The concise and correct answer to this question, of course, is to take a ski trip when the snow is best. It's impossible to know months ahead of time when your favorite resort will get 20 inches of snow in one day. But we do know when, according to historical snowfall, elevation, latitude and slope aspects, when a particular resort skis its best.
The conditions at some resorts peak in mid January, while others peak in February, and others in March. The peak time for snow conditions at Jackson Hole, for instance, tends to be in late January, whereas the peak at Whistler is in late February, and the peak for Beaver Creek is in March.
We recently calculated The Total Snow Scores throughout a typical ski season (December through April) for all 220 resorts in ZRankings' database. We've added graphs of the results to every resort profile page on our site (so check it out before the next time you plan a ski trip.)
The differences come from what direction a ski resorts' slopes face, their elevations and latitudes. Jackson Hole, for instance, has a lot of terrain facing east. This fact doesn't mean a lot when the sun's angles are more oblique, like in December and January, but it becomes more important later in the winter, as the days get longer and the sun stronger and those eastern slopes see more and more sun, starting at sunrise. Breckenridge has the same amount of east-facing terrain as Jackson, but its high elevation keeps conditions from falling off as quickly.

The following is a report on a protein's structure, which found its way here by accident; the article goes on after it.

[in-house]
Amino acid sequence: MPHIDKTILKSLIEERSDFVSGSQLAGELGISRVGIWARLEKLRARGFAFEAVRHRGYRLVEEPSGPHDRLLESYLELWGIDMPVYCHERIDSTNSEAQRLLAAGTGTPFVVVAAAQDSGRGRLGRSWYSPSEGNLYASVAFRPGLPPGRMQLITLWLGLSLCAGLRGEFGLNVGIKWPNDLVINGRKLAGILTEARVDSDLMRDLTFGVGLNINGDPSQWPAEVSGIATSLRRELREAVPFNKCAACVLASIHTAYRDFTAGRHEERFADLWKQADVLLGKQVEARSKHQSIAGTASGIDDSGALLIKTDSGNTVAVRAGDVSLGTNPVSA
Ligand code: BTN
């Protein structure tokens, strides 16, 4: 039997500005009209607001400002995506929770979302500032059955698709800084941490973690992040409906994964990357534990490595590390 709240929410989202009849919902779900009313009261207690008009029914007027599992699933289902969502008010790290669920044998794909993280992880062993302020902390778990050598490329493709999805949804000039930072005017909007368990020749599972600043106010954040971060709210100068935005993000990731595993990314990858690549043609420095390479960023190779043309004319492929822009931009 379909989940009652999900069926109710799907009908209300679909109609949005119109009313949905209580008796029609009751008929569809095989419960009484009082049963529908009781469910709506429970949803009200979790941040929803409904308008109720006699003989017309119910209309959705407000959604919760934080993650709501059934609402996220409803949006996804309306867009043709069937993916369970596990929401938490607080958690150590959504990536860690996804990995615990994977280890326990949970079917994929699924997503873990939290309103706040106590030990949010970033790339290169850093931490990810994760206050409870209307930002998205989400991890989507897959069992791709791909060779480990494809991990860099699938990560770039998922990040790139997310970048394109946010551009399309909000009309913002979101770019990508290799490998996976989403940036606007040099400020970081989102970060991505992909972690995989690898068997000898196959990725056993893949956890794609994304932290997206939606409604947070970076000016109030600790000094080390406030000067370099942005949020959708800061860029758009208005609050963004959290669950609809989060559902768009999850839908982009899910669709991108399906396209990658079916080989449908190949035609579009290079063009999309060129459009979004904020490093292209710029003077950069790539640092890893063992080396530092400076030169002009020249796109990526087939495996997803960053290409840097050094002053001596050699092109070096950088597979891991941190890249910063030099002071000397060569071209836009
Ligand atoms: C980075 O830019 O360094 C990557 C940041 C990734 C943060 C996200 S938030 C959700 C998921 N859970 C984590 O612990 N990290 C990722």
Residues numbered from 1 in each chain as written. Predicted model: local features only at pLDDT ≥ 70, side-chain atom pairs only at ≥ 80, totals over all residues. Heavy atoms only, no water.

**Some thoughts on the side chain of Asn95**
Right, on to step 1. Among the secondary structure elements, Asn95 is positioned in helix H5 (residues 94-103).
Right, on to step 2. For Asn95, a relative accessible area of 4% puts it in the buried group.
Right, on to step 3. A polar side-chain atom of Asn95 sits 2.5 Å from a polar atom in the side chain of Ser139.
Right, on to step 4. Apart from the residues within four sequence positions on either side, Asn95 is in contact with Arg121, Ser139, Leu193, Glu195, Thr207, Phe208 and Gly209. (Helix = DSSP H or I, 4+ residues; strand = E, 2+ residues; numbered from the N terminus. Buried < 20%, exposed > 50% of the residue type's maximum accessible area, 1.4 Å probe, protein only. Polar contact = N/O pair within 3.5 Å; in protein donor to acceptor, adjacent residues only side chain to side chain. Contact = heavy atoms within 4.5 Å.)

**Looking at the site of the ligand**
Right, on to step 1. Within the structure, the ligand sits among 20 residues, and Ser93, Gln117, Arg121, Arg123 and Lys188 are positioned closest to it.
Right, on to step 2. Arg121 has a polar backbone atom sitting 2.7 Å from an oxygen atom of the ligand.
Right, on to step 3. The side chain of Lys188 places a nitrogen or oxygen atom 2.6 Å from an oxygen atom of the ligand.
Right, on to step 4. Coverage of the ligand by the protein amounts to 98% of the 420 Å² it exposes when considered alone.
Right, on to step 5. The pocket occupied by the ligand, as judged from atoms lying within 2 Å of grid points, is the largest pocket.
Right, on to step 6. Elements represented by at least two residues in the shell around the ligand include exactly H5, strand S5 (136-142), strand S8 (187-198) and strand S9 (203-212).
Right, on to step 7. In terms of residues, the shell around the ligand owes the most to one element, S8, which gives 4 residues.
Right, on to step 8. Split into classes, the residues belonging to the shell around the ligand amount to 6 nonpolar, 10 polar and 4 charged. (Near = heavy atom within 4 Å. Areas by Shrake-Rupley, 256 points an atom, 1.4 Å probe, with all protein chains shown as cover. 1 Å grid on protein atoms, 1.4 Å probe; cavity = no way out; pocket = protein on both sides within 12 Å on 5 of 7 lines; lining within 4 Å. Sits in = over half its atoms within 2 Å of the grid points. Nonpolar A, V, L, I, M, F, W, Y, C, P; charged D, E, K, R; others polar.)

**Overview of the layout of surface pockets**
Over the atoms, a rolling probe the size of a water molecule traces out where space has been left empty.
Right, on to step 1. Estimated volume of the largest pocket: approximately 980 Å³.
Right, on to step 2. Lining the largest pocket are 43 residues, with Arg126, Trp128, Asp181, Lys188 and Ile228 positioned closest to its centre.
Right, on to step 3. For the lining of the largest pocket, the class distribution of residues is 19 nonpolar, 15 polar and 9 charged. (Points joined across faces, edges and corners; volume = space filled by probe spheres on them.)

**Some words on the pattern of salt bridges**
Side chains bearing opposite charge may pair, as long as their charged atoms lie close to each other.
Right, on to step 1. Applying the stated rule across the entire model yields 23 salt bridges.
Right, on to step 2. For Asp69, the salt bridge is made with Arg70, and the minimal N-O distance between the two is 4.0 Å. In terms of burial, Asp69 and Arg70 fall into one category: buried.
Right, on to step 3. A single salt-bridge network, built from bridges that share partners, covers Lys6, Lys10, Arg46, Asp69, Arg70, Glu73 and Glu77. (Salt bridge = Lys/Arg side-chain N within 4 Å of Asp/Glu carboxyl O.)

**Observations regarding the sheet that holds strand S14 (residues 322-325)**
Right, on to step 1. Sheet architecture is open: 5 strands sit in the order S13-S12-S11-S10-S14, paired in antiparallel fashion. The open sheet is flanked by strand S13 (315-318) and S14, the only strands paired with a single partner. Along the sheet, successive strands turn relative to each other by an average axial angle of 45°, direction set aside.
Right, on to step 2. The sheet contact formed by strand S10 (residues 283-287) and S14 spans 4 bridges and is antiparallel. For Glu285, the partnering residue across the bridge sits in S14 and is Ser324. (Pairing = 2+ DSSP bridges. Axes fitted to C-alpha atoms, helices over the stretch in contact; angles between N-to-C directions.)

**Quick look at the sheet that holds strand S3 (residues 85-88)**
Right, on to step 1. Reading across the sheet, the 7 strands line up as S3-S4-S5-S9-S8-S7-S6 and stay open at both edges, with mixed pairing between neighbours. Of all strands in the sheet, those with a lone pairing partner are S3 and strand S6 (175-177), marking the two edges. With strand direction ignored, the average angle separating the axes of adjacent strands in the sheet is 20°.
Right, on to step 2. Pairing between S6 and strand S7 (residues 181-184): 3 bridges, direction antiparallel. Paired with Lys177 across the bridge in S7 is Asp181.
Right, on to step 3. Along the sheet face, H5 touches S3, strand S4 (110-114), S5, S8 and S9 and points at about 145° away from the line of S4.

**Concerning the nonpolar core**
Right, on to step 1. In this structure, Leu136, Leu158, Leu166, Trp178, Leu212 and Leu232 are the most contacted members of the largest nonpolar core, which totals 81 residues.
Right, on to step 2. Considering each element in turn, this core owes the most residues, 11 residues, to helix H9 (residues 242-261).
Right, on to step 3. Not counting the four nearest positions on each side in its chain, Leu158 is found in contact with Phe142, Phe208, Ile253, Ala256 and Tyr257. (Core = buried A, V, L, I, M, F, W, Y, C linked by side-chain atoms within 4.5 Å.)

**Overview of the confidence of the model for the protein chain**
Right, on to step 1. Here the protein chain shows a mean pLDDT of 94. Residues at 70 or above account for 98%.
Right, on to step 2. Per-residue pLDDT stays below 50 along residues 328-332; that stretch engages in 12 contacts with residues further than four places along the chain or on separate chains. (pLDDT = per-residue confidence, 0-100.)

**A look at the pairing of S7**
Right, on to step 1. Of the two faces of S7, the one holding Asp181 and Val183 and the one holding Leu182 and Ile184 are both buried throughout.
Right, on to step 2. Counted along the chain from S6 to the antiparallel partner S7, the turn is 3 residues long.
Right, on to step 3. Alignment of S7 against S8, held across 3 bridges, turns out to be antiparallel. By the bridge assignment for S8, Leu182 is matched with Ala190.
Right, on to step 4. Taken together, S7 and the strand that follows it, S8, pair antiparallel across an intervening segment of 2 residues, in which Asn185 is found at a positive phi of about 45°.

By looking at this, you can see that snow conditions at Telluride typically peak around mid-March, which is great news for spring breakers. From this graph you can also see that conditions at Telluride are near peak for about an entire month from mid-February to mid-March. Not all resorts have such a long period at near-peak levels, but Telluride's high elevation and its abundance of north-facing terrain help it preserve good conditions for weeks.
Resorts faring the best in the latter half of winter will be those with more elevation and north facing slopes, such as Telluride. Some resorts' typical conditions can peak but then hold the line relatively close to 100% of their peak for several weeks.
A higher cadence of snowfall can help keep a mountain's snow profile score higher, even as its topography might make preserving snow harder. The fact that Jackson Hole is in the top 15 for snow volume in North America helps its slopes stay fresh, even with so much east-facing terrain.
The following graph shows Telluride's typical conditions compared with the rest of North America. As you can see from the previous graph, snow conditions at Telluride usually fall off noticeably around mid March. But because that's the case at most resorts, Telluride's score relative to other resorts actually ticks up a touch between March 1 and April 1.
Looking at Telluride's snow quality over time compared with other resorts, it also becomes clear that picking Telluride for a mid-December trip could be a dicey proposition. Planning a December ski trip anywhere can be risky, but it's more risky at Telluride than many other places. As shown in the graph, however, it's clear that odds greatly improve by Jan. 15 at Telluride.
So while conventional wisdom might say that the best time to ski is in mid-February, that's not always the case. It all depends on the resort and its geography, topography and its average snowfall.
Christopher Steiner is the founder of ZRankings and a New York Times Bestselling author of two books. Find him on Twitter here.